“When you go into Nevada, New Mexico, El Paso, what do you do with those trucks once you get into those markets?” Reinauer said.
A lack of produce to haul out can make it more expensive to hire transportation to deliver to those areas. It can also mean there are fewer trucks available to deliver there.
It’s likely that truckers who haul produce in to a nonagricultural area will haul some other refrigerated or frozen products out, Reinauer said.
Amerifresh is a third-party logistics provider, in addition to being a fresh produce marketer to foodservice distributors, wholesalers and retailers. It sells to customers in Arizona and Utah, and does some business in Nevada and New Mexico, Reinauer said.
Felix said his Southwest buyers are not requesting much organic produce. The company doesn’t currently offer organic produce, but it plans to add greenhouse-grown organic tomatoes within the next couple of years.
Willie Itule Produce Inc., Phoenix, is adding organic produce, beginning with baby arugula, baby spinach, celery, broccoli, tomatoes and other common types of produce. Owner Willie Itule said adding organic produce to his line strengthens his company.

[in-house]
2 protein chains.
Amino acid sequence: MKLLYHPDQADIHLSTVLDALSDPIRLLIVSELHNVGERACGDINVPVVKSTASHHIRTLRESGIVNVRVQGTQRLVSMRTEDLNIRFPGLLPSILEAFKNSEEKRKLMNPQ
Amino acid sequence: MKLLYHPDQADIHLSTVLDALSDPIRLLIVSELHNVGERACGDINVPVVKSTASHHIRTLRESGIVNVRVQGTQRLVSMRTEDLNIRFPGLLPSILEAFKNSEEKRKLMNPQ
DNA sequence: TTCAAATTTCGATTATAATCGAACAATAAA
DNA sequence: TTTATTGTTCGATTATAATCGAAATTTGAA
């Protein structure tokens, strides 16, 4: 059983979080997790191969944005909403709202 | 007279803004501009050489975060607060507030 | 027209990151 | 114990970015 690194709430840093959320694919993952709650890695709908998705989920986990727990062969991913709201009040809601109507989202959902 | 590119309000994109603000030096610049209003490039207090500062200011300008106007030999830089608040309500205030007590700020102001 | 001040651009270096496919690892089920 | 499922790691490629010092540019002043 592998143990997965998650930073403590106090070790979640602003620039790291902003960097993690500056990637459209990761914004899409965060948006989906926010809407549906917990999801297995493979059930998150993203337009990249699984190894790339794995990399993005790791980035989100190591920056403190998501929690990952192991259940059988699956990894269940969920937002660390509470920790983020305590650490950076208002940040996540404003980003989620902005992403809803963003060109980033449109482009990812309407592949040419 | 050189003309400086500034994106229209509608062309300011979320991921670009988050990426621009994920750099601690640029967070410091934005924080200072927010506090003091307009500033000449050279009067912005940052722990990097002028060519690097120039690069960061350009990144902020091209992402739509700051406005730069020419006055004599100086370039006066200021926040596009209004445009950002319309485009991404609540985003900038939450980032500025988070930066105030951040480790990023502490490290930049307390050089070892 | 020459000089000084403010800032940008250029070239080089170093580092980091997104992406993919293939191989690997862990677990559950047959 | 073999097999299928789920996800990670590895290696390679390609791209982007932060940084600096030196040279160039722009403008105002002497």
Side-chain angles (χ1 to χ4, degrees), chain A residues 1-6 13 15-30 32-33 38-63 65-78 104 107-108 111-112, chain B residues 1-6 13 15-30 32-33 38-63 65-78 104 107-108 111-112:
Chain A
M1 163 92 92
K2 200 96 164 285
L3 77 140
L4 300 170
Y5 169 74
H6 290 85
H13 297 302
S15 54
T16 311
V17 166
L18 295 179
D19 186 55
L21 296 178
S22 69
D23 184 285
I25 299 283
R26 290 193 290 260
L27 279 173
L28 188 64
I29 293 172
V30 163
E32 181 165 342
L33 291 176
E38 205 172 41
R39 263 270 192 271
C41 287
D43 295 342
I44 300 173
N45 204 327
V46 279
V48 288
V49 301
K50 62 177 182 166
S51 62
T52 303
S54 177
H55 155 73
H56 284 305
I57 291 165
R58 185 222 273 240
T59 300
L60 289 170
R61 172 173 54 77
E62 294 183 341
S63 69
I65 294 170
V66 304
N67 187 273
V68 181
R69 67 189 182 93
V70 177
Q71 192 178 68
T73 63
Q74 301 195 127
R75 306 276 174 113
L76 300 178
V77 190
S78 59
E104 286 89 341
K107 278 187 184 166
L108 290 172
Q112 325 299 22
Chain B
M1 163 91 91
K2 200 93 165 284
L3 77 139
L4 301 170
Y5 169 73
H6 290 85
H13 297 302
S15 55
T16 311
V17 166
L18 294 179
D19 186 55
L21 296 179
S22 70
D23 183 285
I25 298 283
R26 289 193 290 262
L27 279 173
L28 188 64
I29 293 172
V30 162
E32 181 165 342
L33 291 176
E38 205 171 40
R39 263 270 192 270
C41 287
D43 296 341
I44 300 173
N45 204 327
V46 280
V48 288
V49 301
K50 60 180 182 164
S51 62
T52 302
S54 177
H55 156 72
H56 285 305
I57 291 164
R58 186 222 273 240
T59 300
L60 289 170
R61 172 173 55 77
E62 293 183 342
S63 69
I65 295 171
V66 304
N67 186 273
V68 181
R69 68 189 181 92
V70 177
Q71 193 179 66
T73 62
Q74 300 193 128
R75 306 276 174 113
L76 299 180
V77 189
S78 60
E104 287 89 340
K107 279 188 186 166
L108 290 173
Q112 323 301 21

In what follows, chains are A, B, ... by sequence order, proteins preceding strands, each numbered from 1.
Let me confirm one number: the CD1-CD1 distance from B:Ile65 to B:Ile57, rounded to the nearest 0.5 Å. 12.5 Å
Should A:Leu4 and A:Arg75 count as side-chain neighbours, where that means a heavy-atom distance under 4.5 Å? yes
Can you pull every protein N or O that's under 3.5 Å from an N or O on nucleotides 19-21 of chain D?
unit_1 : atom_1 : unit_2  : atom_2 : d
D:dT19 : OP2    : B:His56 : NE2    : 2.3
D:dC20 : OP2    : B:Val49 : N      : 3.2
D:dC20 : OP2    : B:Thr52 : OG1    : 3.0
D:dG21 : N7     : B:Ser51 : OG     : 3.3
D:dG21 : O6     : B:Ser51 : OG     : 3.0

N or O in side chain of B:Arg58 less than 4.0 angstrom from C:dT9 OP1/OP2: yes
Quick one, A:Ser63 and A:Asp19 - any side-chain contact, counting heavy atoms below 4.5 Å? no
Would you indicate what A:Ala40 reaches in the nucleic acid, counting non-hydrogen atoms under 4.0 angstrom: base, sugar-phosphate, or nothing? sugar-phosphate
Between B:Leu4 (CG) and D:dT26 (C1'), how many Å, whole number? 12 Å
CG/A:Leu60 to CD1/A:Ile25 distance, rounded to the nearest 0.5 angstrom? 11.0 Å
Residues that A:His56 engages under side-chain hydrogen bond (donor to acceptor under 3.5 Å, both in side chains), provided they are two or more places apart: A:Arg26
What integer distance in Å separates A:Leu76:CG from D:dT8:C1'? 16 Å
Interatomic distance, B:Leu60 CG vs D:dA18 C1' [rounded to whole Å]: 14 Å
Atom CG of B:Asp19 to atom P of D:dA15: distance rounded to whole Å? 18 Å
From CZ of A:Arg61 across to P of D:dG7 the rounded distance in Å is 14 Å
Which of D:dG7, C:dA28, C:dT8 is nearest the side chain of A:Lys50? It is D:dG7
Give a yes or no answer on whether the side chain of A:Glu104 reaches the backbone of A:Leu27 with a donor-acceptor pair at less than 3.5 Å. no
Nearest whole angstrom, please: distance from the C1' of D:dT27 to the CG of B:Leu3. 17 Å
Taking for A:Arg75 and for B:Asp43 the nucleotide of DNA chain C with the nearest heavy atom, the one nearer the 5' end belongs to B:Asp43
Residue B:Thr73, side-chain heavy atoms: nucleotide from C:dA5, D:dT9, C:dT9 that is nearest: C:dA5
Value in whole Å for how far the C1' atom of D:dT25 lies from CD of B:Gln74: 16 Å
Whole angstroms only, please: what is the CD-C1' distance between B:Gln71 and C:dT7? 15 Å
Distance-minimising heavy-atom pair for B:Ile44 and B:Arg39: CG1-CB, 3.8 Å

“The more I can offer, the better I’ll be,” he said.
Itule said he thinks growth in organic produce sales in Arizona has slowed during the past three or four years, but the overall growth in organic sales for the past decade has been good. He said he thinks improved quality and more affordable prices are primary factors in consumers’ increased interest in organic produce.
The locally grown movement has caught on in many markets, as consumers look for opportunities to buy from nearby sources and support local businesses. Itule said he thinks locally grown produce is more popular now because it can be more affordable and because retailers are focusing on local produce in their marketing.
“When the economy turned down, retailers backed off organics and went to local,” he said.
Itule Produce, however, doesn’t carry much local produce because food safety is a more important factor for Itule.
“Until I can check out each small grower, it’s too much of a risk,” he said. “I support the larger growers that have food safety programs.”
Itule Produce sources mostly from growers in California and Arizona, Itule said.
Felix said he doesn’t see much demand for locally grown tomatoes.
“People are not locked up to looking specifically for locally grown produce, especially at this time of year, when produce is being imported,” Felix said.